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Saatchi evidence 'career suicide'
A former financial assistant to Charles Saatchi has told a court that giving evidence against the multi-millionaire was "essentially blackmarking" herself from working in the art world again.
Testifying in the trial of two former personal assistants of art dealer Saatchi and his then-wife Nigella Lawson, Sharrine Scholtz said the couple allowed staff to spend company money on designer goods, beauty treatments and leisure classes.
Ms Scholtz, who worked under Saatchi's finance director Rahul Gajjar for four-and-a-half years until 2009, spoke of the stress connected with her job, having to work 19-hour days before signing a compromise agreement and agreeing to "go quietly".
Prosecutor Jane Carpenter claimed Ms Scholtz, who set up an art gallery while still employed by Saatchi, was in court to assist sisters Elisabetta and Francesca Grillo, who deny fraud.
But Ms Scholtz replied: "I have everything to lose by standing up here and nothing to gain."
She said she was "committing career suicide by speaking up" and insisted: "I'm here to speak the truth."
Asked by Anthony Metzer QC, defending Elisabetta, to elaborate on the comment, Ms Scholtz, 29, said: "Anybody who speaks up against the Saatchi gallery is essentially blackmarking themselves from working anywhere in the art world."
Ms Scholtz, who broke down in the dock as she recalled working for Saatchi's Conarco company until she received a sizeable payout to leave, said her role was to log entries relating to company credit card spending by Saatchi's and Nigella's personal assistants, including the Grillo sisters.
The defendants, of Italian descent, are on trial at Isleworth Crown Court, west London, accused of spending £685,000 on credit cards belonging to the celebrity couple to buy designer goods and luxury holidays.
Elisabetta, 41, and her 35-year-old sister, both of Kensington Gardens Square, Bayswater, west London, each deny a single count of committing fraud by using a company credit card for personal gain between January 1 2008 and December 31 last year.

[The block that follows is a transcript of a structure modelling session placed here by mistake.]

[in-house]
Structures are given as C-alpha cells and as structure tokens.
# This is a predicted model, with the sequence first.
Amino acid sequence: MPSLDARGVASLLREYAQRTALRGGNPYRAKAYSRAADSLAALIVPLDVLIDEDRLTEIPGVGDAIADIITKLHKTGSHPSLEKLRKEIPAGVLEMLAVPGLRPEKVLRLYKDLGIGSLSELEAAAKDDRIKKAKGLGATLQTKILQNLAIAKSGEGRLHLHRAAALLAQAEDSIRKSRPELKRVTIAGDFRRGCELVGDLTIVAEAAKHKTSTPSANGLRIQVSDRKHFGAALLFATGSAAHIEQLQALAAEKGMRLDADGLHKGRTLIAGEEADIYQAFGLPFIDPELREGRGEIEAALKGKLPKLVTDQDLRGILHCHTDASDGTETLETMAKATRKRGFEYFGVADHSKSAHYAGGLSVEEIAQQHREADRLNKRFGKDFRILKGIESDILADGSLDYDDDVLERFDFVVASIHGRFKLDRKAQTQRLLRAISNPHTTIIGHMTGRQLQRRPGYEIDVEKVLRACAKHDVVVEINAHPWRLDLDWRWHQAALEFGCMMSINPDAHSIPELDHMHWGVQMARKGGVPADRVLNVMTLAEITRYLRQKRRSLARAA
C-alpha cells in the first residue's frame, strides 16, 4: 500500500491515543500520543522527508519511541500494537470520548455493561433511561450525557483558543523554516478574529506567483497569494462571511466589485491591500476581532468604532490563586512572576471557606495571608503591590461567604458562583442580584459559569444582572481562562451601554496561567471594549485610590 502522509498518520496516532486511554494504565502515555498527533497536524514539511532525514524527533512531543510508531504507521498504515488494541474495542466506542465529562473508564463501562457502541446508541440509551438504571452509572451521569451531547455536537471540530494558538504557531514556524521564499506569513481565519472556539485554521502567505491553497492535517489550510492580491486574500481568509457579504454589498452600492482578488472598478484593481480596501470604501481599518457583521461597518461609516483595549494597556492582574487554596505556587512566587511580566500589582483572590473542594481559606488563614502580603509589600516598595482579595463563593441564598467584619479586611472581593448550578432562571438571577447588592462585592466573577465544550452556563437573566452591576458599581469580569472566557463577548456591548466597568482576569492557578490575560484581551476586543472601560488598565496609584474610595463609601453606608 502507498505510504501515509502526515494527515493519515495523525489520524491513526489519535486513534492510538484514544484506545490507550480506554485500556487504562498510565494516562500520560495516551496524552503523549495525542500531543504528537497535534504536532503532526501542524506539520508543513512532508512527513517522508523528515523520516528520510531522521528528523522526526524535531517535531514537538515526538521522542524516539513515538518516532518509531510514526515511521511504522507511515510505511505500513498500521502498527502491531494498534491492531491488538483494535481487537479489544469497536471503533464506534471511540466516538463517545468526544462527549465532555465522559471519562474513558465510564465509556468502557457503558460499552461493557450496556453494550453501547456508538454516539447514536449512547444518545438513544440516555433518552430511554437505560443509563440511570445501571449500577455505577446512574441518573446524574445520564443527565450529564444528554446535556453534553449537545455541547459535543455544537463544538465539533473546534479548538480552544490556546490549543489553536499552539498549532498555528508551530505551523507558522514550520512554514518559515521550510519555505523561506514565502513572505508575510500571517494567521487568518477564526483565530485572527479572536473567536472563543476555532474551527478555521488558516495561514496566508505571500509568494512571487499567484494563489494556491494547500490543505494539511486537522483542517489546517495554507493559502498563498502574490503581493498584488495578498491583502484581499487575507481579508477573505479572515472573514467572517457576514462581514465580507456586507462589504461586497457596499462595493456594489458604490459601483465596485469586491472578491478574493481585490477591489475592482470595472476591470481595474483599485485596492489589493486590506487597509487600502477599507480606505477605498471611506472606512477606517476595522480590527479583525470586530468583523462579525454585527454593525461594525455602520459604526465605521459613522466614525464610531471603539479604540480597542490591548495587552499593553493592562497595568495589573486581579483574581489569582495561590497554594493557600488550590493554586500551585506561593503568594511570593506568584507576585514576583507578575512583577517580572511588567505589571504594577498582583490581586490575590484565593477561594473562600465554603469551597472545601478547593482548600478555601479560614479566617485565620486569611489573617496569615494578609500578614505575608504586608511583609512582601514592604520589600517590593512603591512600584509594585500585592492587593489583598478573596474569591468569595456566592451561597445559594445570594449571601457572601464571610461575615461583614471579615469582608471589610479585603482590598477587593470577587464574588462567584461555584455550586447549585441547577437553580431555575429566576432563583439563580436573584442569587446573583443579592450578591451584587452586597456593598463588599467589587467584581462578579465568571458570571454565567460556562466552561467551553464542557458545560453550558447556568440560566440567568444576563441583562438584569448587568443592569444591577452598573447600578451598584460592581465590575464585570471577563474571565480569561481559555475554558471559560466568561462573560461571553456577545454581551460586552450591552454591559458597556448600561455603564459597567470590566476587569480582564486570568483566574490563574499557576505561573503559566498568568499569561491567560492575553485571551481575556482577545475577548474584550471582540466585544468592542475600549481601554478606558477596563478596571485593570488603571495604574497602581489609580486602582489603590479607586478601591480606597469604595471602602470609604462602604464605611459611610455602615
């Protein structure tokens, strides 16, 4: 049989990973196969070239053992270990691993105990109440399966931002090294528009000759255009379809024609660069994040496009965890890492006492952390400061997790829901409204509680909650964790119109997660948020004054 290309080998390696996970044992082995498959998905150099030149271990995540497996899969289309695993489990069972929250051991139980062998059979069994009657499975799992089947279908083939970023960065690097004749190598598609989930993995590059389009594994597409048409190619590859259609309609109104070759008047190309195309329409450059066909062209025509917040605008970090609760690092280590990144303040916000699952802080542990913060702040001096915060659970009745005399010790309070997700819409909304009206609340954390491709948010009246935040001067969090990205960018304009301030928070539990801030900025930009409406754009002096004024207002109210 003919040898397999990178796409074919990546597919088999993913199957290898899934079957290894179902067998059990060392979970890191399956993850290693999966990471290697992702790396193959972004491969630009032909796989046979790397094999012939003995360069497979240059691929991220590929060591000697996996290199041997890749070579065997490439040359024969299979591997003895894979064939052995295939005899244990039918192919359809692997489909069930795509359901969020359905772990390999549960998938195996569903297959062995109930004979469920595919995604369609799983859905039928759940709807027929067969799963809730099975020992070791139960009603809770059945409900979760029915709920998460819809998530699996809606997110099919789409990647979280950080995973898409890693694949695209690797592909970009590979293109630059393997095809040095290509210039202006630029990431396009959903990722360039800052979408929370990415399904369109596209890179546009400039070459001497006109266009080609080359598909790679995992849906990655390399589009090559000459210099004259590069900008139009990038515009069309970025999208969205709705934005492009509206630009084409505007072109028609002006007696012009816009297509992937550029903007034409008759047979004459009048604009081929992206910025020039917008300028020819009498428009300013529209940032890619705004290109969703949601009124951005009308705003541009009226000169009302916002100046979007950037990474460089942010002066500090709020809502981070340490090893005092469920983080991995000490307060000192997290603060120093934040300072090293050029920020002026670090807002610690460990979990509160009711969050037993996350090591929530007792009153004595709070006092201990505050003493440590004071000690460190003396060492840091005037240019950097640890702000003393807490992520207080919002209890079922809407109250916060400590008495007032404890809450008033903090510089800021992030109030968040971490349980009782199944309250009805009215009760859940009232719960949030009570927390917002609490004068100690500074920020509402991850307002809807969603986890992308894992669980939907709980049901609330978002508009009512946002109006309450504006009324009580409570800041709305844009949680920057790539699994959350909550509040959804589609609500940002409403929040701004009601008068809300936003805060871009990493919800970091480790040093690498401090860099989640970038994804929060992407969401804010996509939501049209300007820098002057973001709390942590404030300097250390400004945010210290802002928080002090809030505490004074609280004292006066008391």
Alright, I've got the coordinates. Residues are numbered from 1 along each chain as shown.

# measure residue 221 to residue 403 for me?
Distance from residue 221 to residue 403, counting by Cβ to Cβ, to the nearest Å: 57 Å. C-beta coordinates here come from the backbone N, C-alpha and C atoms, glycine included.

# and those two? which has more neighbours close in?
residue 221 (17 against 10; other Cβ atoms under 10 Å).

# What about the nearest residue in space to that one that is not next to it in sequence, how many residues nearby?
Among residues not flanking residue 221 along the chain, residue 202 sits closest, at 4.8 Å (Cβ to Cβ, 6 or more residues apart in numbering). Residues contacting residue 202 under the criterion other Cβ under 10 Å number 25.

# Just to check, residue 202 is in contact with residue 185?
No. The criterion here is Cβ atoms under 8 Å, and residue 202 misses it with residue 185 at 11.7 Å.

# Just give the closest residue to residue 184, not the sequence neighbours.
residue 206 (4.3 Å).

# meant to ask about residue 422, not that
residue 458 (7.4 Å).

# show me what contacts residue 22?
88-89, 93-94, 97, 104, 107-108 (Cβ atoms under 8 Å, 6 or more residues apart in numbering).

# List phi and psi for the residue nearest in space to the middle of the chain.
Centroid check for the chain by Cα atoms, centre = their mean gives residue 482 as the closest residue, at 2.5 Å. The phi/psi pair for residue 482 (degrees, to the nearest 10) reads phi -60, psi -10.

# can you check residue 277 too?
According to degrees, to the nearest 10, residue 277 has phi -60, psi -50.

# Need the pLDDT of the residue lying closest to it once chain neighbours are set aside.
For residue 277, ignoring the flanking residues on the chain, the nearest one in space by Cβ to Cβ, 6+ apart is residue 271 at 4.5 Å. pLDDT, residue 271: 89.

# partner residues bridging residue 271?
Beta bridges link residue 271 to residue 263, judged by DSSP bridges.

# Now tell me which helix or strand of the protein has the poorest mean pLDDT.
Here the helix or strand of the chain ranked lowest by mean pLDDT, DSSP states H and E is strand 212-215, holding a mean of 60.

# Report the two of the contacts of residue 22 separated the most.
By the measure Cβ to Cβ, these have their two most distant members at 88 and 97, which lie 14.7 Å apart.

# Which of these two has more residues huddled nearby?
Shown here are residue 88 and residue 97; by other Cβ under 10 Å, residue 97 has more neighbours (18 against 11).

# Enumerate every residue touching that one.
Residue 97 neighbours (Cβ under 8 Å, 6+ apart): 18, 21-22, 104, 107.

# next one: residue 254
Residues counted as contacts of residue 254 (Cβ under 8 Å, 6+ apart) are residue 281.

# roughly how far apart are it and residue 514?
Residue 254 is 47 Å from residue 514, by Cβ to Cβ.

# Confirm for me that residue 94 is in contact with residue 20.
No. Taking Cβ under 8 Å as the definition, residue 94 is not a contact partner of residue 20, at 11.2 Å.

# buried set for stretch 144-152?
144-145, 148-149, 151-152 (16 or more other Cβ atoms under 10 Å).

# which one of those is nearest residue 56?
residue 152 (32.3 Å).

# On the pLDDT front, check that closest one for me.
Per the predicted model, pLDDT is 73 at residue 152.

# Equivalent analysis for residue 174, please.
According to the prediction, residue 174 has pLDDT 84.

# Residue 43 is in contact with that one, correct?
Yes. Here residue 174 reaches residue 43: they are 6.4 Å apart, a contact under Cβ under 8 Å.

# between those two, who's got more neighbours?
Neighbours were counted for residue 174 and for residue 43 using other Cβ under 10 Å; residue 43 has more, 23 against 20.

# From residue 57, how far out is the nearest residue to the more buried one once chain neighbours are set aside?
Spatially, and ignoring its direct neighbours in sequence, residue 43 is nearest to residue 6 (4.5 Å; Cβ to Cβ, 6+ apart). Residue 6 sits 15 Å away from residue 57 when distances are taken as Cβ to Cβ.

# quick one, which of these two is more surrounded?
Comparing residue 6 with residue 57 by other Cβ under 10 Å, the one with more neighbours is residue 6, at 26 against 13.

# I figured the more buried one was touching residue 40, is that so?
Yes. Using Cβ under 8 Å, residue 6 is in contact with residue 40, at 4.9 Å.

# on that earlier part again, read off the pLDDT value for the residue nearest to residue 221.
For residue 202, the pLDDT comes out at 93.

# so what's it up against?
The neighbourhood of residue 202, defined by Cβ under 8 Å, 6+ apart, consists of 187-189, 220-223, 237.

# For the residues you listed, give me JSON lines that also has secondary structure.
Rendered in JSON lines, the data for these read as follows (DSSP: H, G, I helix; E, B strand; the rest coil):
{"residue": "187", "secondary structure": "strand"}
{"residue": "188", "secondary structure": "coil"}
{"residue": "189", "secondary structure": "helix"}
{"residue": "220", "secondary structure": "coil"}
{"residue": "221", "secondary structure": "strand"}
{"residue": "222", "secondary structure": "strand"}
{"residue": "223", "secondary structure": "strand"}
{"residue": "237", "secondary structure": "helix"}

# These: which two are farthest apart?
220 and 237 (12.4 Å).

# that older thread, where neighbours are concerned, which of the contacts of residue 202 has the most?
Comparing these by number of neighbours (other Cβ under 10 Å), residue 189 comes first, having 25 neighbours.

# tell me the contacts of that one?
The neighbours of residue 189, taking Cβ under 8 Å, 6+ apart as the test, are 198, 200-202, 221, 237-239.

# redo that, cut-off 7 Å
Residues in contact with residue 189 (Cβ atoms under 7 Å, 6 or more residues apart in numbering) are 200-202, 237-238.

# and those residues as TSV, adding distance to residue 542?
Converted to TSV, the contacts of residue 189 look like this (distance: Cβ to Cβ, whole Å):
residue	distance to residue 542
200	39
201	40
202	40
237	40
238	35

Ms Scholtz said expenses were filed under several types, including "entertainment" and "staff welfare".
Asked by Mr Metzer to elaborate on the credit card expenditure which Ms Scholtz was required to scrutinise, she said: "Entertainment was for restaurants, as far as I can remember, tickets perhaps to events and shows.
"Staff welfare - I cannot really remember what I posted under that. I suppose it would be clothes and things like that.
"(Beauty treatments) would probably go under staff welfare too."
Ms Scholtz, who was 20 when she started working for Saatchi, told the court she "was not aware" of every time staff were allowed to put personal expenses on the company account.
She also said there was no way to tell what was business and what was personal expenditure on the cards.
Under cross-examination from prosecutor Ms Carpenter, Ms Scholtz said: "It wasn't up to me to differentiate between business and personal. I was taught to categorise and put it through."
Asked by Mr Metzer if members of staff were able to spend on designer goods, Ms Scholtz said: "As far as I was aware, they were authorised by Nigella and Saatchi. It would come under staff welfare."
When he asked if she thought there would be "consequences" if she did not sign the compromise agreement, Ms Scholtz replied: "Perhaps I would have been sat there instead of Francesca and Elisabetta."
Asked by Mr Metzer about working conditions at the company, Ms Scholtz said if Saatchi wanted something doing, he wanted it doing "yesterday", causing laughter from the public and press galleries.